“In 1969, we won our first three races and lost in the semifinals,” says Bruce N. Anderson ’69. “In 1989, four of us returned to Henley and raced again. We got creamed (by crews 20 years younger than us!) In 1999, all nine of us returned to Cambridge to row in the Head of the Charles (our 30th anniversary); we’ve been racing every year since at the Head, with one to three ‘spares’ replacing oarsmen of the original crew that couldn’t make it that year. In 2003, most of the original crew returned to Henley to race again. We lost in the finals.”

The Henley Veteran Regatta, hosted at Upper Thames, is an internationally recognized event for veterans or masters crews, held on the weekend following the Henley Royal Regatta.

The crew after losing to Durham Boat Club (England).

The crew after losing to Durham Boat Club (England) July 10.

“One of the highlights of our university experience was racing in the Thames Cup at Henley in 1969,” John Malarkey ’71. “This year, we are all over 60 but for one young lad in his 30s. (He will have to pull extra hard, since he brings our average age down such that we are in category E rather than F!)  We will be coming from California, Florida, Massachusetts, Michigan, Washington DC, Ohio, and Surrey.  Reading Rowing Club has very graciously hosted us and provided us with equipment, and we hope to do their colours proud, as well as our own.”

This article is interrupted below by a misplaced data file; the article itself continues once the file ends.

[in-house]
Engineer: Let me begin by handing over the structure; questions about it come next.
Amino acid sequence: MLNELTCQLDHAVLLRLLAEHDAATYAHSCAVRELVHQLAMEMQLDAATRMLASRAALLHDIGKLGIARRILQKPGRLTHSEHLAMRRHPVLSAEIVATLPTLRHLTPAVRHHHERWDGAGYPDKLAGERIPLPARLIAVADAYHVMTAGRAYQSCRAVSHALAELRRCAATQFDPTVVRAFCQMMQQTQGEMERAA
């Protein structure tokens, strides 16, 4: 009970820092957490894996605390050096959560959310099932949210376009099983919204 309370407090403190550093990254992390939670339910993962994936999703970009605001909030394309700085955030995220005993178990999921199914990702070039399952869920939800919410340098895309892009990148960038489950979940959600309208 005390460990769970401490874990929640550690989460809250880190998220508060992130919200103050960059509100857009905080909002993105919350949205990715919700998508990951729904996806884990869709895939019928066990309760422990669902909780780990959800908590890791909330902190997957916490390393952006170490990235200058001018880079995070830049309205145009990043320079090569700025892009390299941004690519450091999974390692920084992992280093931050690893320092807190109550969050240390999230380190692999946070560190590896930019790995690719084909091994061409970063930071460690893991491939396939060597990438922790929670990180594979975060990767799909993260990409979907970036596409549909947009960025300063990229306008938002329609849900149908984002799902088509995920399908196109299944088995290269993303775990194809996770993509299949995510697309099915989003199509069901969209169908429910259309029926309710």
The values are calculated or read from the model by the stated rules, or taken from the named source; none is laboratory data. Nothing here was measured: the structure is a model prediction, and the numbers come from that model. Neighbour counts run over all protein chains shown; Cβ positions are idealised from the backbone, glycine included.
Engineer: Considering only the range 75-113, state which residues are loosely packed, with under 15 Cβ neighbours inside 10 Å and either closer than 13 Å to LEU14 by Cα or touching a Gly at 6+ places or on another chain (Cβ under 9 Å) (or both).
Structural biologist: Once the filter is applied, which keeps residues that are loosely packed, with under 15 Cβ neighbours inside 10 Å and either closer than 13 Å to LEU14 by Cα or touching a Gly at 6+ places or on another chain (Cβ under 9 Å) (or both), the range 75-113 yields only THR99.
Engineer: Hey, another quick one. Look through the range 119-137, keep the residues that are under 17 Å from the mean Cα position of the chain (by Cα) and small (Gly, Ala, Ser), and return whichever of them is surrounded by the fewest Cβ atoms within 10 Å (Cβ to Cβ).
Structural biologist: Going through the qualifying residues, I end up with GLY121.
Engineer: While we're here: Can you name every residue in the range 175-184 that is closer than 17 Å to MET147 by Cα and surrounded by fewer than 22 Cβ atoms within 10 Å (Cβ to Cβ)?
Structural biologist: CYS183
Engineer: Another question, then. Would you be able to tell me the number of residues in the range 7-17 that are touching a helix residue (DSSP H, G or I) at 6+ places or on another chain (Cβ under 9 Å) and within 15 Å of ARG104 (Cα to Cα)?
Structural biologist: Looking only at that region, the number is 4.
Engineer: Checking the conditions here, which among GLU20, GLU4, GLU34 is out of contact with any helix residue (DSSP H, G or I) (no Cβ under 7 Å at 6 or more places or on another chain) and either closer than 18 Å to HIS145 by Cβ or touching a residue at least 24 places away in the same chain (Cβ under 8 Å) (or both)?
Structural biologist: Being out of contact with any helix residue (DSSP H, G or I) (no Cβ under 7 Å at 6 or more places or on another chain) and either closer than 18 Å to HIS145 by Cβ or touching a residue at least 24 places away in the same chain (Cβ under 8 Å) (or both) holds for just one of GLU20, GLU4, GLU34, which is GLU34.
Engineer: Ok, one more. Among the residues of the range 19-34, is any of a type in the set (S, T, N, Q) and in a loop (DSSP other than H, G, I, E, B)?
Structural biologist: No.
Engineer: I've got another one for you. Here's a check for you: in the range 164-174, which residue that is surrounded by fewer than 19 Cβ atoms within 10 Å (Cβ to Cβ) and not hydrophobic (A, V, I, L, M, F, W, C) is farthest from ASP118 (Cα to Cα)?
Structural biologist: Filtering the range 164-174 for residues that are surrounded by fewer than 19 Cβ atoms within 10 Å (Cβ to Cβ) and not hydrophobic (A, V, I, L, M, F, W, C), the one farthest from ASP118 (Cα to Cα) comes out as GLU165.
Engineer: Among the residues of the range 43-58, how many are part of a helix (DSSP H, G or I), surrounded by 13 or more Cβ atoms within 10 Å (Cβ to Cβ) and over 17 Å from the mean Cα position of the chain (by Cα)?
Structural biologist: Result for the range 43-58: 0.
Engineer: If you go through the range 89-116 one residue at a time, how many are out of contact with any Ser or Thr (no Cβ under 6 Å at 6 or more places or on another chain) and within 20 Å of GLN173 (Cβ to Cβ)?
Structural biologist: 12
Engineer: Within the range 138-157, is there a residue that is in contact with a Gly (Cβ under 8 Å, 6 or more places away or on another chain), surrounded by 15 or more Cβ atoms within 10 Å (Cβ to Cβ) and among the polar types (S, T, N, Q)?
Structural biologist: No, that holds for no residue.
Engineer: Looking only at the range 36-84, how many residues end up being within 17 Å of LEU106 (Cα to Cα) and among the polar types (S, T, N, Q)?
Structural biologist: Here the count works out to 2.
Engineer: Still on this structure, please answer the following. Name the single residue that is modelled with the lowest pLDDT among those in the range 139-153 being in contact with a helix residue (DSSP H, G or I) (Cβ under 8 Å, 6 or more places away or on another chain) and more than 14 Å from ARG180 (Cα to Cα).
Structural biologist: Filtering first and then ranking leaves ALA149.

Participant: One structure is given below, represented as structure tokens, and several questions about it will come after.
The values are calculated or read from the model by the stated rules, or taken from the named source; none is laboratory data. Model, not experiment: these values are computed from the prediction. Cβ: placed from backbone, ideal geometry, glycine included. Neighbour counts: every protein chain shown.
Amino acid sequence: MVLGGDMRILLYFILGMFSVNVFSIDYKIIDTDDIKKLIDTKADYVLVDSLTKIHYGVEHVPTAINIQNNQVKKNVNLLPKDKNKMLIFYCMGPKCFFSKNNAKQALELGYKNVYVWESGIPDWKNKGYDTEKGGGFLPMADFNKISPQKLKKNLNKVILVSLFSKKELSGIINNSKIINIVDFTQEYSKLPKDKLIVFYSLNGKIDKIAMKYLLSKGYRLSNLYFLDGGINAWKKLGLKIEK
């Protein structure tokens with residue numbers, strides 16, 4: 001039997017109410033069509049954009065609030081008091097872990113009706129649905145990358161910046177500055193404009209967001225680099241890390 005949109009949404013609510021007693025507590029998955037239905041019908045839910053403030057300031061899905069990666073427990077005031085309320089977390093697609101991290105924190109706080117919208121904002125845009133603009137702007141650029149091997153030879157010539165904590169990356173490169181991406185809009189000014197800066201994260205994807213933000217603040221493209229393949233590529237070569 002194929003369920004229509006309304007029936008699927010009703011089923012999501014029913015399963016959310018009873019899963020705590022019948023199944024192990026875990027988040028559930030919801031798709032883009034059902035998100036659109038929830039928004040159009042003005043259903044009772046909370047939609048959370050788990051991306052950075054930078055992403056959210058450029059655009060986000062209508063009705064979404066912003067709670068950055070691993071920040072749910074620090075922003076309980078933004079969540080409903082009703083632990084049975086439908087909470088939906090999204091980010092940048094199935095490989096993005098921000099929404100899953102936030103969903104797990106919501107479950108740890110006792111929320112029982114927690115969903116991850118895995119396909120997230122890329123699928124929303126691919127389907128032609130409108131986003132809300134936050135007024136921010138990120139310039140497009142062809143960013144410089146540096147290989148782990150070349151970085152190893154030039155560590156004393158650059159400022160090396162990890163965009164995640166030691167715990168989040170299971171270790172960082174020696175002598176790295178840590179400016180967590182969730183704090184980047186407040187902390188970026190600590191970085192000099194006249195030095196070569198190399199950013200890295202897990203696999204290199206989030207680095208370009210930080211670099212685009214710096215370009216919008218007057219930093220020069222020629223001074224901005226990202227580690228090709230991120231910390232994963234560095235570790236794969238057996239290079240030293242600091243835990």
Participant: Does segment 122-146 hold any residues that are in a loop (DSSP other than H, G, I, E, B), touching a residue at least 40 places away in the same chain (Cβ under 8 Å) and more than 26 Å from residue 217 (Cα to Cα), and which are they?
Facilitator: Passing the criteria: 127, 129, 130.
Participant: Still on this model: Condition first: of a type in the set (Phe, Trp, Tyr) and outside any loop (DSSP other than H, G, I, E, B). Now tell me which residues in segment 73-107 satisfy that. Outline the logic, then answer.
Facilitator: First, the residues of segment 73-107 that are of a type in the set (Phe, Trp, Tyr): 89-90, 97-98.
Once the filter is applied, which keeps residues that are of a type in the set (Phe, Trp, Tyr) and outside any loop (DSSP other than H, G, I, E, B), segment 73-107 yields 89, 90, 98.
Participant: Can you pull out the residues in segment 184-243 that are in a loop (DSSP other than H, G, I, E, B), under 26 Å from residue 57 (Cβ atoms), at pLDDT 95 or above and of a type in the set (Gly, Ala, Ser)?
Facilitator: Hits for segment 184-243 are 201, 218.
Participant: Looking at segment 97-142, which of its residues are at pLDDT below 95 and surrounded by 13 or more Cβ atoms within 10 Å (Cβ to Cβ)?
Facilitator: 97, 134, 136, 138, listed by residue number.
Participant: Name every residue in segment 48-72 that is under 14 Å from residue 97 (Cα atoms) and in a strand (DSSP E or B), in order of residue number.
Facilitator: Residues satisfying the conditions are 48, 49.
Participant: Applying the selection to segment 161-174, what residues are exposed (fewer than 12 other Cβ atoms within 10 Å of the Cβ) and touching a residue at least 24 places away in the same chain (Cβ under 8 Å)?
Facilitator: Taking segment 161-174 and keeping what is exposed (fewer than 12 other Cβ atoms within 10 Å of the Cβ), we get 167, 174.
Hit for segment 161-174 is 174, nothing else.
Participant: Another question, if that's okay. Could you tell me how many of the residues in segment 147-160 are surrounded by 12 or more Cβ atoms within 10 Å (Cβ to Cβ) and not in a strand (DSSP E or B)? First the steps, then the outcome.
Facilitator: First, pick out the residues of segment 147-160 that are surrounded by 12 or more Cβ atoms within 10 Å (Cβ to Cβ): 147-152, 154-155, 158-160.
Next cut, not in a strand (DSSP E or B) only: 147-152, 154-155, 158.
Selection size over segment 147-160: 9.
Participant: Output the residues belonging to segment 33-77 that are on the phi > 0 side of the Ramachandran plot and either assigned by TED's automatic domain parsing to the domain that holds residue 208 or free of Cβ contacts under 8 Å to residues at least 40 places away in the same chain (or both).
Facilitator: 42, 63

MIT’s connection to the regatta began even earlier. Read an archived Technology Review article that describes the 1954 and 1955 results when two MIT lightweight crews  won back-to-back international championships.

Update July 13 Alas, our guys lost. “We raced a fine and fast race but they were finer and faster,” says Anderson.

I first met Josh Schuler when I was a senior in high school. I was my state’s female delegate at the American Junior Academy of Science’s annual convention (held with the AAAS’s annual convention) in St. Louis. It was an absolutely incredible experience and I loved every second of it. On one particular morning, we had a Breakfast With the Scientists event and I sat down next to Josh, who is now the Executive Director of the Lemelson-MIT program. At  the time, he worked as Inventeams Grants Officer, awarding  ingenious high school students with grants for their invention ideas.

DSC01490Josh asked me to stop by Eurekafest last week: an event which partly showcases the high school students’ and their inventions. In case you couldn’t be there, I decided to bring some of the ingenuity to you!

To our right is a power assisted litter device, created by students from San Juan High School in Utah. Their invention reduces rescuer fatigue, increases rescue speed, and reduces the number of responders needed for backcountry rescues. [MIT President not included.]

Also to our right is an invention which hopes to one day improve highway safety: the Cooperative Cruise Control for Hybrid Commuter Cars from students in Palos Verdes Estates, California. DSC01500

Students from Dayton, Ohio sought to develop some kitchen tools for individuals afflicted with hand injuries: see my video below:

Original Video – More videos at TinyPic